Google denies secretly mining data from school children


Google has denied it broke its promises on using children's personal data, after the Electronic Frontier Foundation (EFF) accused it of collecting and storing data from children using its products at school.


The civil liberties group said the data collected included "records of every internet site student’s visit, every search term they use, the results they click on, videos they look for and watch on YouTube, and their saved passwords".

The results came from the EFF research, and were officially detailed in a complaint to the U.S. Federal Trade Commission on Monday.

Specifically, Google's "Sync" feature in its Chrome browser is enabled by default on Chromebooks that are sold to schools, without obtaining permission from students or their parents. This feature allows Google to track, store and data mine a myriad of online activities by students, including sites visited and searches conducted.

Google's alleged tracking is said to violate the Student Privacy Pledge that the company signed earlier this year, along with Apple, Microsoft and others. The agreement intends to keep student information safe, and according to the EFF the pledge is legally enforceable.

Prior to signing the Student Privacy Pledge in January, Google had maintained that its internal policies were enough to demonstrate a commitment to student data privacy.

The practice EFF uncovered while researching its “Spying on Students” campaign, which launched today.

The campaign was created to raise awareness about the privacy risks of school-supplied electronic devices and software. EFF examined Google’s Chromebook and Google Apps for Education (GAFE), a suite of educational cloud-based software programs used in many schools across the country by students as young as seven years old.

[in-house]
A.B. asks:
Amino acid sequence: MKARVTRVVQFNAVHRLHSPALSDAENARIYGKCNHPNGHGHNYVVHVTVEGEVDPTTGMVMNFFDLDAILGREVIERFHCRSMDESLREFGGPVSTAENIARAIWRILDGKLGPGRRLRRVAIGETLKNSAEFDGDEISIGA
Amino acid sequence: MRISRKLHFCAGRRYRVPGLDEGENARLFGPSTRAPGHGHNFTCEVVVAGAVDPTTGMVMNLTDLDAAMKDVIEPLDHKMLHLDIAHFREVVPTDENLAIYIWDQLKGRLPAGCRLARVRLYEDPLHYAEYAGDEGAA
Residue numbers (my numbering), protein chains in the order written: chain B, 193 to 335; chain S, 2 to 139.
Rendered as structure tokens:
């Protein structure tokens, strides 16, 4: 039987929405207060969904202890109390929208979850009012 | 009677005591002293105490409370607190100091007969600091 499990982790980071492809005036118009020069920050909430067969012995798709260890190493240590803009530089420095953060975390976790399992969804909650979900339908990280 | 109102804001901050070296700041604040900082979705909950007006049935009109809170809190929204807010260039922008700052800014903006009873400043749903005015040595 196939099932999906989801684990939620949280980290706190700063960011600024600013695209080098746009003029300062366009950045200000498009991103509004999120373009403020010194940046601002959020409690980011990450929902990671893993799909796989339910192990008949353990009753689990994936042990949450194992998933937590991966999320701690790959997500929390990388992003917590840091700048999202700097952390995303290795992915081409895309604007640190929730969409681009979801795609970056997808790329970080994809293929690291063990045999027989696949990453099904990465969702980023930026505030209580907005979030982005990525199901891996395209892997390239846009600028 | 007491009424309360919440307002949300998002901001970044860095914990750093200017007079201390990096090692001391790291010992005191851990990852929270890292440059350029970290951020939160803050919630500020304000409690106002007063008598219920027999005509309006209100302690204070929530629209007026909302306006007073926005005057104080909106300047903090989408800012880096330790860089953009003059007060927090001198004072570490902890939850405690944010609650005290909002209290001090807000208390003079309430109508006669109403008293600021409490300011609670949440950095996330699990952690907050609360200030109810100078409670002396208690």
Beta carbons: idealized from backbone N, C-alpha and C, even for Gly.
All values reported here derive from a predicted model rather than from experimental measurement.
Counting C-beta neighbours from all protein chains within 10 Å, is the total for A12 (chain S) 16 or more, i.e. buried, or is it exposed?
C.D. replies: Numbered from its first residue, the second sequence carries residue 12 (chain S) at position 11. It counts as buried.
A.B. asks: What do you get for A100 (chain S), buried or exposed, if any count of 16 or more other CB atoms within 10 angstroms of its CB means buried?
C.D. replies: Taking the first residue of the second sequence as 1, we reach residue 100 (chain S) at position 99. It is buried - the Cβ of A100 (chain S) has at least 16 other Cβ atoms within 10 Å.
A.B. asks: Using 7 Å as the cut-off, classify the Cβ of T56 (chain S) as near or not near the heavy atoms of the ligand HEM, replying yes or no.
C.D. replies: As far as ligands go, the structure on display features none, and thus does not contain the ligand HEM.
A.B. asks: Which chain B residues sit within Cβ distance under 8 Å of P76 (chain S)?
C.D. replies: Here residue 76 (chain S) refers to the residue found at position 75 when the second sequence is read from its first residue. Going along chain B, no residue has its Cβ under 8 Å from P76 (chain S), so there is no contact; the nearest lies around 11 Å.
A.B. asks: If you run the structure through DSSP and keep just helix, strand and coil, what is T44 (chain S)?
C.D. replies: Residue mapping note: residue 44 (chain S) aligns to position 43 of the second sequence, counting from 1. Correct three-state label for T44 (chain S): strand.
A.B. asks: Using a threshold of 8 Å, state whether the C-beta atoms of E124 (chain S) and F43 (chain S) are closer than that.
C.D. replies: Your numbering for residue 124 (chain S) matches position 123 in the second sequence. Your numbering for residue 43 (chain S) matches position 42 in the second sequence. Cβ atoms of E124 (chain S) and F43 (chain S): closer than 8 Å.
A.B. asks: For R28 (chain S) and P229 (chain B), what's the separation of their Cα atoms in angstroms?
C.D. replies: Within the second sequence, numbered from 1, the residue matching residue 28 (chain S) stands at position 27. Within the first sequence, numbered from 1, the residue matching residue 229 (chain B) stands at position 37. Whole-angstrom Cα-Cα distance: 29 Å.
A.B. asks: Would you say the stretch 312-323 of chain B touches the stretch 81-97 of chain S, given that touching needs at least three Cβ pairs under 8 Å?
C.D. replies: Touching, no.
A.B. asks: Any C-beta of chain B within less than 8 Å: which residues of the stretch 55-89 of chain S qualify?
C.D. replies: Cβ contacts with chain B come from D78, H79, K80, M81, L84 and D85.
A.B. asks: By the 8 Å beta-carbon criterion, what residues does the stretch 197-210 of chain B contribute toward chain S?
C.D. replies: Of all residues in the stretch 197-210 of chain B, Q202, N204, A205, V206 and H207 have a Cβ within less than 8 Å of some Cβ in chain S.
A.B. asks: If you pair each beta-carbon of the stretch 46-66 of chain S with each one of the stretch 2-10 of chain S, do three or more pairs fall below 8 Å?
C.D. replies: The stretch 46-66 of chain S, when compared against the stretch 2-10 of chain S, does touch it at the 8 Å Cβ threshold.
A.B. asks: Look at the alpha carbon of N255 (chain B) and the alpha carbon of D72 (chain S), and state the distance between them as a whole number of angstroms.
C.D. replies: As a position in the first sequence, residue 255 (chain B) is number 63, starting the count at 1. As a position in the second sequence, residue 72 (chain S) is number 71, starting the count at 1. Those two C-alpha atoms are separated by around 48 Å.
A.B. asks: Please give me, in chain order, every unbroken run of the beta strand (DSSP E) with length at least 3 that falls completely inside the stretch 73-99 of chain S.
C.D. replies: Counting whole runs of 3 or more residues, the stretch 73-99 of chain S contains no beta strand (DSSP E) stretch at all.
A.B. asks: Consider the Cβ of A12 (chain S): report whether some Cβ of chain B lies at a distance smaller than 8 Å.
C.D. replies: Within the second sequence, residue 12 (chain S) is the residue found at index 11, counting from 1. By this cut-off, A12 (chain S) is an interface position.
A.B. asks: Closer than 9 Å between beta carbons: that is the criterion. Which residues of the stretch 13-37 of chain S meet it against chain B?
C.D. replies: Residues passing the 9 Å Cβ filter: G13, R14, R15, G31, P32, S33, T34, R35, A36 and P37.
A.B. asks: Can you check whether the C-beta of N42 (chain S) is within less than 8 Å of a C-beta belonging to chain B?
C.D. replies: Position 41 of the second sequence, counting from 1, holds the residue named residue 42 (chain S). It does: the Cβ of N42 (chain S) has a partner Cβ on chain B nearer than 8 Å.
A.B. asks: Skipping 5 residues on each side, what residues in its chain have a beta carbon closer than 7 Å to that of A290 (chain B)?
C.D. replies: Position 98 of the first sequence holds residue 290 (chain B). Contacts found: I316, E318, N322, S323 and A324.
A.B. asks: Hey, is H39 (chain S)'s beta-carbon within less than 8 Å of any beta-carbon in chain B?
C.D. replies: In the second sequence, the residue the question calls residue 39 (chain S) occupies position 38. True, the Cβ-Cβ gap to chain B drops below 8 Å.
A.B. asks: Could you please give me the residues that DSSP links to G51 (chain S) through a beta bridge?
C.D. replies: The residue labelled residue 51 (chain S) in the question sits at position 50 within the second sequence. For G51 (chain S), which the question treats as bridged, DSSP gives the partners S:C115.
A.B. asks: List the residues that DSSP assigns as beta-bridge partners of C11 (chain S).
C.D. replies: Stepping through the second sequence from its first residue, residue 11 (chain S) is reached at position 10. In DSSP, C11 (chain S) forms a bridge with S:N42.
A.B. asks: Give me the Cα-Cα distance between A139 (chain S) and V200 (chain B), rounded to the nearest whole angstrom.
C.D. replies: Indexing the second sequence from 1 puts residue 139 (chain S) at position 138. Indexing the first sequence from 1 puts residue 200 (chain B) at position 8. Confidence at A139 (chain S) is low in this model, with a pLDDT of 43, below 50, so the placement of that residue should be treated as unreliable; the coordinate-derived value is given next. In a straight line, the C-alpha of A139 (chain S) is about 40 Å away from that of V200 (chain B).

“Despite publicly promising not to, Google mines students’ browsing data and other information, and uses it for the company’s own purposes. Making such promises and failing to live up to them is a violation of FTC rules against unfair and deceptive business practices,” said EFF Staff Attorney Nate Cardozo. “Minors shouldn’t be tracked or used as guinea pigs, with their data treated as a profit center. If Google wants to use students’ data to ‘improve Google products,’then it needs to get express consent from parents.”

"Not using data for adverts"

In response, Google said it used the data only to improve its products and services and not to target adverts - in line with its commitments.

Google said: "There are no ads in these core services, and student data in these services is not used for advertising purposes."

In a blogpost on Wednesday, Google said "personally identifiable" data collected was only "used to power features in Chrome for that person, for example allowing students to access their own browsing data and settings, securely, across devices".

"In addition, our systems compile data aggregated from millions of users of Chrome Sync and, after completely removing information about individual users, we use this data to holistically improve the services we provide.

"For example, if data shows that millions of people are visiting a webpage that is broken, that site would be moved lower in the search results. This is not connected to any specific person nor is it used to analyse student behaviours."

Google denied the EFF's allegation that the practice was not in line with its commitment to the Student Privacy Pledge, which prohibits it from misusing children's data.

The pledge was co-written by the Future of Privacy Forum and the Software and Information Industry Association, and Google said both organisations had "criticised EFF's interpretation of the pledge and their complaint".

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